The ECJ held that, a decision to not grant asylum cannot be based solely on an expert’s report. Further, if States take recourse to expert reports as supplementary means, such procedures must be consistent with guarantees under the Charter on Fundamental Rights of the European Union. Additionally, it noted that even if not mandatory, considering the precarious position of the asylum seeker, consent to such a test would not be free.

In both cases, the ECJ reaffirmed guarantees under international human rights law.

This international discourse yields two conclusions. First, requiring psychological test-based proof of sexual orientation stands in direct opposition to the person’s right to private life. Second, such an expert opinion cannot conclusively establish one’s sexual orientation.

In this context, it is clear that the authorities must look at the general credibility of the asylum-seeker, rather than relying on a seemingly objective measure of testing sexual orientation. Therefore, the over-all plausibility of the seeker’s case must weigh heavier against expert opinion based on such tests. Until a reliable method of testing the veracity of the claims is found, it is essential that the asylum-seekers not be subjected to such psychological tests. Instead, in the absence of documentary evidence, the testimony of the asylum seeker, if without contradictions, must be sufficient to adjudge their claims.


Refugee law is premised on the protection of human rights and the UN Refugee Convention is based on principles of non-discrimination. It is therefore antithetical if fundamental freedoms and rights are violated in the grant of refugee status itself. Understandably, the need to prove one’s membership in a particular social group poses a peculiar difficulty in cases involving sexual orientation. However, using tests to determine sexual orientation continues the tradition of using a clinical lens through which to perceive homosexuality. Although today most countries have stopped using anal or plethysmographic tests, many countries continue to use psychological tests which carry a trace of pathologisation.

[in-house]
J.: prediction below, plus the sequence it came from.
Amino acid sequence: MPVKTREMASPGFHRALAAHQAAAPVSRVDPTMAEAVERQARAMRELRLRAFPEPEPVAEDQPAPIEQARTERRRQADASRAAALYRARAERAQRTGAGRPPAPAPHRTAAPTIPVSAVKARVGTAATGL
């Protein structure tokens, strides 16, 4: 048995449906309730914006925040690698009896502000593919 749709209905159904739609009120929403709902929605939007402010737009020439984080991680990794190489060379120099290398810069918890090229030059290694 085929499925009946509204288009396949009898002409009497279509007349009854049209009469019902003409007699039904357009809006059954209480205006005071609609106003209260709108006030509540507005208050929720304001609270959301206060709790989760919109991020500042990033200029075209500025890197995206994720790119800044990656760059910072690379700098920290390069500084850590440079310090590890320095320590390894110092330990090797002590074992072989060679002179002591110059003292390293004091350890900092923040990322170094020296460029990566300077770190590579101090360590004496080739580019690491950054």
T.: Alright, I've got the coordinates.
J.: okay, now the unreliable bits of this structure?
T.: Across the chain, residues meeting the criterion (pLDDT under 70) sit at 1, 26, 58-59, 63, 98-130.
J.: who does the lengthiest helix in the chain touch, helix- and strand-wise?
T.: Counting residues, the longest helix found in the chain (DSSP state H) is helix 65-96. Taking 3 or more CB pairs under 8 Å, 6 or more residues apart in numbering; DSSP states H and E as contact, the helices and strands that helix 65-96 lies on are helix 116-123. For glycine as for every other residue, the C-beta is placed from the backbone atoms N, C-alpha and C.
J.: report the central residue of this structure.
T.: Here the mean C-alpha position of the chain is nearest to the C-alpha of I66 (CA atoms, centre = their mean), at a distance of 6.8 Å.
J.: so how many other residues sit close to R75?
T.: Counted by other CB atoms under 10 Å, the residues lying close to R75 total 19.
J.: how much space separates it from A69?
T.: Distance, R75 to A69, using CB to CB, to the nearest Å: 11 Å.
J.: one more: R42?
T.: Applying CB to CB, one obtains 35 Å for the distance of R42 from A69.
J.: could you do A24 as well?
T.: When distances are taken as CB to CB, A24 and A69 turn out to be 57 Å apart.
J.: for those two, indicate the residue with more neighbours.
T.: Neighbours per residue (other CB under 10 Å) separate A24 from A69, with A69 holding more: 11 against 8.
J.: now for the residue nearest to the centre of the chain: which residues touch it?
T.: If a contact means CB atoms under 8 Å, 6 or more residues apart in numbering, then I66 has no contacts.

The UNHCR’s recommendation affirming self-declaration as well as the ECJ’s decision to rely on the testimony of the applicant over such test-based expert opinion, are in sync with the struggle of the global queer movement. The political realities and the socio-economic handicap of granting states has popularised the discourse of misuse. However, the right to self-declaration of sexual orientation and gender identity is a basic human right. Ideally, States must adopt this framework and rely solely on the applicant’s testimony. At the least, until such time as deliberations lead to a rights-friendly method to make this determination, the grant of refugee status cannot be conditioned upon such inaccurate and denigrating tests.